I’ve been assimilating a lot of articles and videos about how cryptocurrencies like Bitcoin can create contracts outside the realm of legal space. Cryptographic law is self-enforcing, but is still, however indirectly, tied to the world of flesh-and-blood humans, which is governed by what Nick Szabo calls “wet code”. While money lost in the cryptographic world might be unrecoverable, the law has a way of imputing money that creates liability in the jurisdictions it can control.
For example, I’ve seen a lot of talk about child support in the media of late. The problem: unemployed or underemployed parents have income imputed to them by a court. A judge determines that the noncustodial parent should have a job that pays at least a certain amount of money and imputes that income to the parent, who may not be working for any number of reasons. If the parent can’t pay the amount due, the law creates a liability out of thin air to cover what it thinks a person should have contributed to the custodial parent. This liability acts as a lien on all assets. The rationale: in the end, it’s for the best interest of the child.
Similarly, there are many ways for a court to assess damages in the Bitcoin space. It isn’t hard to prove that money was invested in Bitcoin — most of the time it requires a bank account in order to purchase Bitcoin in the first place. In litigation it’s not hard to recreate a chain of events that fixes valuation at a certain point, e.g., date of default, for the purpose of assessing damages. Once the legal machine is done a judgment, a fixed liability, is created in the wet code world.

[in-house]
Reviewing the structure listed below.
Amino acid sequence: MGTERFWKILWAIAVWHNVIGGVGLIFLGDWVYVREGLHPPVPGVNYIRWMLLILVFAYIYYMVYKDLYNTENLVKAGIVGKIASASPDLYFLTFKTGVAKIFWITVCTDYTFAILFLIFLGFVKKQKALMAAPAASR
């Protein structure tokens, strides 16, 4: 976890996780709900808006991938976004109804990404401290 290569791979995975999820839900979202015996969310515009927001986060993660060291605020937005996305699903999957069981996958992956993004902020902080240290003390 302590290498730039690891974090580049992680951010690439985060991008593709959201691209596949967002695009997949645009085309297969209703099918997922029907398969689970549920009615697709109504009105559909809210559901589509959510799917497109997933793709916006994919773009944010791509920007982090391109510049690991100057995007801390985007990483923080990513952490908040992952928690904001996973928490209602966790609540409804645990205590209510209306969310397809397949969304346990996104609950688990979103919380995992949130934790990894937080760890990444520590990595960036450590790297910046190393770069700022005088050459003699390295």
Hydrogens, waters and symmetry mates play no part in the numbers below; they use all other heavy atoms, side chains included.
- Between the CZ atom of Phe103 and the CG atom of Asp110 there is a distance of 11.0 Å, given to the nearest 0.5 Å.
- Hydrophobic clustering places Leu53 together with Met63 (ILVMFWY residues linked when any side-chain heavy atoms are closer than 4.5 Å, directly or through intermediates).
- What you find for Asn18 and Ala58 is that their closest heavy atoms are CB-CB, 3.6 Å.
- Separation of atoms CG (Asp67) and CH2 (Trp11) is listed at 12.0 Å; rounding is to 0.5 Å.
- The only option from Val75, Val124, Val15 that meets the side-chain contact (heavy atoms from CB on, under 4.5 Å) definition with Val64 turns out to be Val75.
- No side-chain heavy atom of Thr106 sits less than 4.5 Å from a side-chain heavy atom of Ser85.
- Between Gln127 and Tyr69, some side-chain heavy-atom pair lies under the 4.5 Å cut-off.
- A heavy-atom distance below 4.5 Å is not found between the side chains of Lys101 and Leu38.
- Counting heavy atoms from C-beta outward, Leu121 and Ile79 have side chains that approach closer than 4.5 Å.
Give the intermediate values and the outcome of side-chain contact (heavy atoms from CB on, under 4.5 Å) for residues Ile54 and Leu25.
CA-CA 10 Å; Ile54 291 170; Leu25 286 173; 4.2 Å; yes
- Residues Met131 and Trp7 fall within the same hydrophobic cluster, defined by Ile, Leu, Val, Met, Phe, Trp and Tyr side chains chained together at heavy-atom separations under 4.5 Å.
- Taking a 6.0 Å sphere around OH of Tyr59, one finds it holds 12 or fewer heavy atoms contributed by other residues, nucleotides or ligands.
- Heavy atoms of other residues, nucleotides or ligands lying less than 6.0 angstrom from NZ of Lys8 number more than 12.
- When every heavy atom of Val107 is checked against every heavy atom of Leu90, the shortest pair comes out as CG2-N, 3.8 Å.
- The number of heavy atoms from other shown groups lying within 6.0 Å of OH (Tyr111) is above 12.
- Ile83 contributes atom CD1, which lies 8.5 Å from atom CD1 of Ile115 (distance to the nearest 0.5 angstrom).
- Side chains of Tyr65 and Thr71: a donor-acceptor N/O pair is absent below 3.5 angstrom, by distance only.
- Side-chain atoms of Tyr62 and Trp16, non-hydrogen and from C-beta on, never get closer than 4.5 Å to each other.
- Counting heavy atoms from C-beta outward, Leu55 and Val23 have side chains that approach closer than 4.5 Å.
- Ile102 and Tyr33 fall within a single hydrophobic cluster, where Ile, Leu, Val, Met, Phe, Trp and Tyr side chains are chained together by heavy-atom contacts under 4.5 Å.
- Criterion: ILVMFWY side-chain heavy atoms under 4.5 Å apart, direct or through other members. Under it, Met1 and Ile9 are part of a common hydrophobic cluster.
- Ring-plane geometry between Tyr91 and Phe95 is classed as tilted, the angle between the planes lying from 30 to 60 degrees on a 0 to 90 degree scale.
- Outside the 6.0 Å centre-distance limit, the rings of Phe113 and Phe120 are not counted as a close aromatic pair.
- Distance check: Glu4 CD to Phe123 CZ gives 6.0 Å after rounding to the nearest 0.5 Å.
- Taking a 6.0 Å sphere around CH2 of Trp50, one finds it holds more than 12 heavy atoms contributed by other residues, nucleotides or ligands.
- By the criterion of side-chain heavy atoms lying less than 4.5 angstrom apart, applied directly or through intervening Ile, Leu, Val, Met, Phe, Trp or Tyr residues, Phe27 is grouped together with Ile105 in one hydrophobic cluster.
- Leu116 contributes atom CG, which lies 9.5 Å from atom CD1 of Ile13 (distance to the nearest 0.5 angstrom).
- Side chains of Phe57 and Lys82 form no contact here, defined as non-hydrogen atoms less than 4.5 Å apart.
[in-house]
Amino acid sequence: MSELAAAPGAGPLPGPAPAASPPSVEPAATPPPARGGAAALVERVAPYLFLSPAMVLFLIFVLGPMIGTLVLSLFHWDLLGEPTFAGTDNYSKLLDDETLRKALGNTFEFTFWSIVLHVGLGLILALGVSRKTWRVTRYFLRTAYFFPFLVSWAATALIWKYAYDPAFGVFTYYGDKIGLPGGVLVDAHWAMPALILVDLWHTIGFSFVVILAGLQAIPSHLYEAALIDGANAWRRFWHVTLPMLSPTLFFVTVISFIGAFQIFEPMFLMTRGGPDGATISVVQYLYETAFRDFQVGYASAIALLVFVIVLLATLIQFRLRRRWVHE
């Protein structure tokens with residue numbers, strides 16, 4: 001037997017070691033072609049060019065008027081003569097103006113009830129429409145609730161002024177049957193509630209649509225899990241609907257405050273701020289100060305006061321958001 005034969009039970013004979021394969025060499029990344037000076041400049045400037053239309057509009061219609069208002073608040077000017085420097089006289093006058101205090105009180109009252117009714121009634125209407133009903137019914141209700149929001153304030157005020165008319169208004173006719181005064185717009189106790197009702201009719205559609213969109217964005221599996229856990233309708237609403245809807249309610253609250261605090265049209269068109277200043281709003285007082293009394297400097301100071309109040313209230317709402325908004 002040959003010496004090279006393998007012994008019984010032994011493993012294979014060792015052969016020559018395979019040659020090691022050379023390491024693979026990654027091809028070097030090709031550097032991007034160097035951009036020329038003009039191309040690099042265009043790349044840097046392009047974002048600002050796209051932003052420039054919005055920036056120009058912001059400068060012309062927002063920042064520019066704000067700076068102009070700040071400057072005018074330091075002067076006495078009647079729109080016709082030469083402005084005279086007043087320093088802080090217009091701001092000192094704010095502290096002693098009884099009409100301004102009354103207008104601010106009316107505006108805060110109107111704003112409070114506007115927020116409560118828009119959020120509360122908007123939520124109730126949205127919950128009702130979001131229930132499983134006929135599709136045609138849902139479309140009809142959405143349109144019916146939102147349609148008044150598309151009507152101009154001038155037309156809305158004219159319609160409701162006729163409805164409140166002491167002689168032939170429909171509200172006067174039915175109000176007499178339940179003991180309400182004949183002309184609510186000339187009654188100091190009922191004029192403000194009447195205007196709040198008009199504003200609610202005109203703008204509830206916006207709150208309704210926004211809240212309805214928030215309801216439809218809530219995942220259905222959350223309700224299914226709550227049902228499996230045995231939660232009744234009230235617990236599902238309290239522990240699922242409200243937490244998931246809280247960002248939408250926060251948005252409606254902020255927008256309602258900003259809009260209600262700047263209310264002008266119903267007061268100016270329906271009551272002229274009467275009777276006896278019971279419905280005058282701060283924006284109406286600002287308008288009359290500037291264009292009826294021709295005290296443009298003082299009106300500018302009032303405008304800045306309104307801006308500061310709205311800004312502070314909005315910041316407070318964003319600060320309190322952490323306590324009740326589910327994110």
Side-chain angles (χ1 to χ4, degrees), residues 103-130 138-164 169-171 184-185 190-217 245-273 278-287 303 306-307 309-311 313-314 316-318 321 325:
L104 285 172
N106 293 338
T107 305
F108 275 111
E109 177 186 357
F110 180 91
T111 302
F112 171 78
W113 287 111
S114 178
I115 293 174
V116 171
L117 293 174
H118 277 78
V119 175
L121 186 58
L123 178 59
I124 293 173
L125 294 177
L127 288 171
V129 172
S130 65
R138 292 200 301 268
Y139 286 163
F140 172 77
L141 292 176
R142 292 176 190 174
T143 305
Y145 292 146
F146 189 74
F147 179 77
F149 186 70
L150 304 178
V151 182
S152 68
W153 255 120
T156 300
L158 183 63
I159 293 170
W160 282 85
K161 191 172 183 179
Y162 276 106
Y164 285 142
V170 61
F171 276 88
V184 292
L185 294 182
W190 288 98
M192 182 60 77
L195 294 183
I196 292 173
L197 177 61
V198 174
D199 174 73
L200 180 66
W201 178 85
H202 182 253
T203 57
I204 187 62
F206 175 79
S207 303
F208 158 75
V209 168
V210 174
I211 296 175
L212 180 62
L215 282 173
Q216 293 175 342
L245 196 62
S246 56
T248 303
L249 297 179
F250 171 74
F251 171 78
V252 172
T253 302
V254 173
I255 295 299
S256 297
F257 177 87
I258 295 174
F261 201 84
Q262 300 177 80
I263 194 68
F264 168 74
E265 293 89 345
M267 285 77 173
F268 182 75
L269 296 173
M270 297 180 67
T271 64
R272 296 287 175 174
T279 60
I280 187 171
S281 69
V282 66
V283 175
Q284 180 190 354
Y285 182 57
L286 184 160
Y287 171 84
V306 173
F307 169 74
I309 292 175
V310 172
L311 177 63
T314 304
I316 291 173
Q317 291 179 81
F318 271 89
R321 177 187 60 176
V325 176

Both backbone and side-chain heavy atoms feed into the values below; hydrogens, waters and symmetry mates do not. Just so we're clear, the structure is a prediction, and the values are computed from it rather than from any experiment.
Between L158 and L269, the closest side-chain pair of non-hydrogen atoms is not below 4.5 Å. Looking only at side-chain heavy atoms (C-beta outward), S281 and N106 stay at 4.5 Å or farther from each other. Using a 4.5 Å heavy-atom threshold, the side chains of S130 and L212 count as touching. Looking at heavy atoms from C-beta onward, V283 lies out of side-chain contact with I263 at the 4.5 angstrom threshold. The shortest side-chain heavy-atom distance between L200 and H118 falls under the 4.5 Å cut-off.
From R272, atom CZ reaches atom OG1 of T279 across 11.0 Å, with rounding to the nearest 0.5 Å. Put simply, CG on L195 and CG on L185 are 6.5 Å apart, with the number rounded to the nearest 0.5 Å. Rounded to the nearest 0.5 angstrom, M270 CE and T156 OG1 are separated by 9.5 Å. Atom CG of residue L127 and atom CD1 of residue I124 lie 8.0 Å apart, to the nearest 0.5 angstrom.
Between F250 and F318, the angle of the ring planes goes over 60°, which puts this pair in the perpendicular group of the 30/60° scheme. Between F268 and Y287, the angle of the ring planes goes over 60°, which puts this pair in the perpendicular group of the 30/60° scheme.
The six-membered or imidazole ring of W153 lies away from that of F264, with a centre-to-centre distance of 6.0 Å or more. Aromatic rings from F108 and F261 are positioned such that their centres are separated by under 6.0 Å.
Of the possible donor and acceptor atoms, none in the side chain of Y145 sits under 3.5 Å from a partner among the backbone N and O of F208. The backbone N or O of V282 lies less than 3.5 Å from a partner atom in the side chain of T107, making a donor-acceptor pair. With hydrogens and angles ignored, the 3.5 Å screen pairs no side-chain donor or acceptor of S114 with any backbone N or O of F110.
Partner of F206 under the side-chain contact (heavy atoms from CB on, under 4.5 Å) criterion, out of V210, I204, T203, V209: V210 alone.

My point as a lawyer is this: the law has seen humans do a lot of things to each other over time. Bitcoin in most respects fits into the patterns of law, but in an evolved form. The law will adapt, even if it looks a bit different. If the cryptographic world wants to create a new jurisdiction, it must not only craft the law of digital relationships — it must anticipate external events that might bring the crypto world back into wet code. When the legitimacy of the crypto jurisdiction inevitably comes before the United States Supreme Court, what will be the arguments? I like to ask myself: “What would Scalia say?” Those are the issues the cryptographic legal world should think about today.